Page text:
• Hi Mother Laura, we reviewed the Third Way, and I think that I would say that it’s a path of reasoned discernment where every person is encouraged to grow towards Christ. Emily Swan (one of the pastors of Blue Ocean Faith Ann Arbor) was already serving as a pastor at the Vineyard Church of Ann Arbor. If I have the timeline right, she had been a pastor well before coming out and well before announcing her engagement. Part of Ken Wilson’s reasons for breaking with Vineyard USA was that he couldn’t imagine dismissing Emily as a pastor (for more complete remarks, see http://annarborvineyard.org/resources/online-sermons-a-music/865). Going forward practically in a Third Way church likely means walking with anyone and everyone to discern how they might best follow Christ. Since every person is an individual, likely everyone’s spiritual journeys will have different textures.

      • Thanks for your insights here and for the link to Ken’s in depth statement which illuminates the concrete situation with this community and movements as well as food for thought on larger issues of ecclesial relationships when serious disagreements exist.

        • Glad the fuller statement was helpful. For me, questions about the Third Way are how we differentiate between private and public judgment of other people’s lives and situations. I’m sure that there are many people I know who would advise me to live on my own if I were to ever ask them the question. Truth be told, I’m inviting their honest answer if I were to ask them a direct question like, “What do you think about me living with Sarah?” I decided long ago (before I even met Sarah) that I’m not going to make my living situation the point of public debate, so I’ve stopped asking about it.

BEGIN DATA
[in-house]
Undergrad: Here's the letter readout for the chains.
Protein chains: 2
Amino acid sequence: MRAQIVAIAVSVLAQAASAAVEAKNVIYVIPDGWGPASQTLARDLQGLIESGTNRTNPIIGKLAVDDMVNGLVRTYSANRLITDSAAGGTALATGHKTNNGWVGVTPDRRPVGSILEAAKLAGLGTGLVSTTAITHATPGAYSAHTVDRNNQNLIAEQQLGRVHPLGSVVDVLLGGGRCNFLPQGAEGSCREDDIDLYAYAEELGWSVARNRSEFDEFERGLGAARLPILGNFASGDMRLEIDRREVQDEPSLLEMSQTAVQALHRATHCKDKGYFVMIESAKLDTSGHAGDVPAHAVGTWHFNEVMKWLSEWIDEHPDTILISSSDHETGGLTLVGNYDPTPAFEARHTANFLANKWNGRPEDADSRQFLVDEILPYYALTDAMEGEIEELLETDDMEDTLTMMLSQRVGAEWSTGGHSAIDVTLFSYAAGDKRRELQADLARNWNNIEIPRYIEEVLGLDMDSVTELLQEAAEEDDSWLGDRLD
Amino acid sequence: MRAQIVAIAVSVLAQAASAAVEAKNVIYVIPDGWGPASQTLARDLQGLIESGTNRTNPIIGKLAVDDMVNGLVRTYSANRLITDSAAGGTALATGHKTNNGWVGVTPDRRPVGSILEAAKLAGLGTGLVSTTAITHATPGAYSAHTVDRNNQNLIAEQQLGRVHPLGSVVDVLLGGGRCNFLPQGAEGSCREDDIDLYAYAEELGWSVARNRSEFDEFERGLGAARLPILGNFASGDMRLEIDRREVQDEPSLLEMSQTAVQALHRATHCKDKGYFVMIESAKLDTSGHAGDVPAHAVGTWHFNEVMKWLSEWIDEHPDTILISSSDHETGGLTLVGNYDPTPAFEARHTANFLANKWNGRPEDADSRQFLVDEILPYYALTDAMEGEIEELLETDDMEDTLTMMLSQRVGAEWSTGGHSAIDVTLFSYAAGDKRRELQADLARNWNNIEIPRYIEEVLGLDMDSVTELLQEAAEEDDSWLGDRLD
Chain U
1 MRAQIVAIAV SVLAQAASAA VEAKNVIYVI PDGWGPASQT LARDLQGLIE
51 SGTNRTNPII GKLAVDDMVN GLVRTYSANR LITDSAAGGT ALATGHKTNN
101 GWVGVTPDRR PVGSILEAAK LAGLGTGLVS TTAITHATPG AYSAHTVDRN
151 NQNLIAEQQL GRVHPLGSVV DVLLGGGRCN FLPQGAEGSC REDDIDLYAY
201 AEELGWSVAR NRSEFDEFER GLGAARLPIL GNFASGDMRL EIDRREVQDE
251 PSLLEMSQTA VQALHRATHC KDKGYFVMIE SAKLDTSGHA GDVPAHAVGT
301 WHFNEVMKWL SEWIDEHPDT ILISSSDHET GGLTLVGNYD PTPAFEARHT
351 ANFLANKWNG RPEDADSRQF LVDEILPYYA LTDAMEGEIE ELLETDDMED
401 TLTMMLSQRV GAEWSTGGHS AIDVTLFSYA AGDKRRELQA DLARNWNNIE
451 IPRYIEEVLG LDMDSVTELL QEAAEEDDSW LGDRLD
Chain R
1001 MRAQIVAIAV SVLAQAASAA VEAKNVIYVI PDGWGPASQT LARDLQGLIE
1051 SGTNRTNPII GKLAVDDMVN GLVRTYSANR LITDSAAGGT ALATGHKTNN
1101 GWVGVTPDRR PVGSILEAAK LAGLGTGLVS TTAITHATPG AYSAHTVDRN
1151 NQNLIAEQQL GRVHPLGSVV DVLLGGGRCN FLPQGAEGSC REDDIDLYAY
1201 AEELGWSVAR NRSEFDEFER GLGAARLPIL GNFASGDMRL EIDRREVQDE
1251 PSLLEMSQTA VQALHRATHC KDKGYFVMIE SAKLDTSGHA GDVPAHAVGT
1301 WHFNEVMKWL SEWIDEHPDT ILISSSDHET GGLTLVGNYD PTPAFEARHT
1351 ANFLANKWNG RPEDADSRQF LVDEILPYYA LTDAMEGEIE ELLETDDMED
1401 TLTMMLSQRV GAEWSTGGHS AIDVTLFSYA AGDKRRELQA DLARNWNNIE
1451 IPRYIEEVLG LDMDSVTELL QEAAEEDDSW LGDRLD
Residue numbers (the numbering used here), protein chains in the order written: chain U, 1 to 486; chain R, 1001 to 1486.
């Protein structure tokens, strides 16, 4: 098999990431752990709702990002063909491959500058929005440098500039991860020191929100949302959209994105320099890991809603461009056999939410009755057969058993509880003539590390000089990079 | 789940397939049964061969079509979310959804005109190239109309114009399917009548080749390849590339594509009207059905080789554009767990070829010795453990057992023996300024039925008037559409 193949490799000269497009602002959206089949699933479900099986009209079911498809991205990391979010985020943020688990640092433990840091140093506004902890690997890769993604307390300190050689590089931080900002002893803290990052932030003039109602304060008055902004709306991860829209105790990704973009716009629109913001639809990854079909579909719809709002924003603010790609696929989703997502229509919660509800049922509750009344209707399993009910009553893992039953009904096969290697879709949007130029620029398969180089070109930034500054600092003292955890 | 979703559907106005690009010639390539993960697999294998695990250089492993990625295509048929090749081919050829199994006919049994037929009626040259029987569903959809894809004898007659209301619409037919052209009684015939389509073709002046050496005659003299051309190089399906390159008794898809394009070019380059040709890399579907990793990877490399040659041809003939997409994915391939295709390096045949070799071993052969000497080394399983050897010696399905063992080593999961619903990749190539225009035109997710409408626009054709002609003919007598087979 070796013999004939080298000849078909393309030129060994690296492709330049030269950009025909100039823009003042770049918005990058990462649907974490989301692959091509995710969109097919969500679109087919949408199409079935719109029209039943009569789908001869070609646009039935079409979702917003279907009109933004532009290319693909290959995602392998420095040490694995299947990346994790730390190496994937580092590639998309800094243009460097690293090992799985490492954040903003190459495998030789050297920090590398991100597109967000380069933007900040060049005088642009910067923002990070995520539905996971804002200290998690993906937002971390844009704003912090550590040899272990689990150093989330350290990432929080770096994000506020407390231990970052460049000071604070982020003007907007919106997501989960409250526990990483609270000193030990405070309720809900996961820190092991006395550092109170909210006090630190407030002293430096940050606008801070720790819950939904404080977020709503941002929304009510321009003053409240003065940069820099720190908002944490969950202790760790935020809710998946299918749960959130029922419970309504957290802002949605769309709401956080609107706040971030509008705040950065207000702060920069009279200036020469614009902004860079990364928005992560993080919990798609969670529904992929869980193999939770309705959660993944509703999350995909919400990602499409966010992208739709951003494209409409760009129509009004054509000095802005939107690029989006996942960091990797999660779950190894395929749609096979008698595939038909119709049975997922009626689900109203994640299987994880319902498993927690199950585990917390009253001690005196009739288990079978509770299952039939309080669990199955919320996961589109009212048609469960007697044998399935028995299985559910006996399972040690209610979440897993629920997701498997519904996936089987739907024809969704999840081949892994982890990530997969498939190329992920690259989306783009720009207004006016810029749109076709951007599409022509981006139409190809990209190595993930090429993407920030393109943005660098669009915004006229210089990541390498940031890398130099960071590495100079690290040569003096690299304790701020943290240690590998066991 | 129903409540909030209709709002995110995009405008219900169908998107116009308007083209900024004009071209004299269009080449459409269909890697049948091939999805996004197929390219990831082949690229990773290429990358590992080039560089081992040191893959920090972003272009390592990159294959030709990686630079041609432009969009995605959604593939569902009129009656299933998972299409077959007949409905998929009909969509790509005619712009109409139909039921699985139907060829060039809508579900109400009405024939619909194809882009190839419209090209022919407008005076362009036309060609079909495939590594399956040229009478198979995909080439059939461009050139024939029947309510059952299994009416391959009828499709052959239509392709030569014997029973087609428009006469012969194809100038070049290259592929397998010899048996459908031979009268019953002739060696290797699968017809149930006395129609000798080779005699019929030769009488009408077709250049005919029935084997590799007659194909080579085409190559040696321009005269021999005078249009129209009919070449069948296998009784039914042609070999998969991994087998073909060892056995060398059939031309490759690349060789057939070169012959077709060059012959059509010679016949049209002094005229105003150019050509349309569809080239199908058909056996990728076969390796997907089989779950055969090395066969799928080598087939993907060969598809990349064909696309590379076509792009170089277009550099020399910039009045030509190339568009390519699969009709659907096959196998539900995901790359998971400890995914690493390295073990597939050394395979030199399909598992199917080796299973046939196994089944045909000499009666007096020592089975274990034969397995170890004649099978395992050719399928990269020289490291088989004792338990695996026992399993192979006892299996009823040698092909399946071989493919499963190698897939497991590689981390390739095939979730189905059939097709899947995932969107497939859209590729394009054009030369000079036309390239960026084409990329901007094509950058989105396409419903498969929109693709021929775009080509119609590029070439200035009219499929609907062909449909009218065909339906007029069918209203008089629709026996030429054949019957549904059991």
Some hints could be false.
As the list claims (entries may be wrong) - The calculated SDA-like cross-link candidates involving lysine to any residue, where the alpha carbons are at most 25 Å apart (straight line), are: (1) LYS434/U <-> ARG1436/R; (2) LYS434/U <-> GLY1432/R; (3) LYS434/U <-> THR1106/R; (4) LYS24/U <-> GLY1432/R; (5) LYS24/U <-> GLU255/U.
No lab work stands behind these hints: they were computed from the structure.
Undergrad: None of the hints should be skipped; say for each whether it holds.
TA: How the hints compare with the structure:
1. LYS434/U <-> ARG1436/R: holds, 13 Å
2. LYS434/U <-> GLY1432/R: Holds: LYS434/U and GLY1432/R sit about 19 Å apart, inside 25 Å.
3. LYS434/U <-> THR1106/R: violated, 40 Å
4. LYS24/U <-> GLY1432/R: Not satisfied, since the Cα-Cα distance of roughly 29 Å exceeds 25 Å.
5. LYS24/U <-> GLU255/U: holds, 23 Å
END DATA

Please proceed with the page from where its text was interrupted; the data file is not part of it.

The choice to stop asking has also influenced how I approach other people in different situations. I recognize that there are probably things that I don’t understand about their situations. I do pray that people are talking through specific kinds of situations with a spiritual director, but I find myself focusing more on my own efforts to grow towards Christ rather than nitpicking about other people’s lives.

  3. Thanks for this, Lindsey. I feel this constantly, and am trying to learn how to live under question, facing the very defenses and weapons I used to wield, and having no nice, rational answer–clinging to faith in mercy, charity, and a respect for how much we don’t know, more than anything clearer or more definitive.

    This morning a visiting priest preached fervently to our parish about the need for there to be no outcasts in church. He covered just about every imaginable rejected group, and minced no words about how important it is that we straighten out the way our churches treat the LGBTQ community. I was in tears of gratitude by the end.

    It was a year ago today that a friend broke down my own defenses and made an ally of me. I am more grateful for that experience than I can express. My Christianity is a choice made out of agnosticism, but if God is as real as I hope he is, I believe his hand was more obvious in that moment than in almost any other single aspect of my life. I am so glad I was not left in my merciless blindness.

    As always, I appreciate your and Sarah’s example and ideas regarding how to interface with these questions and issues. Thanks so very much for your witness.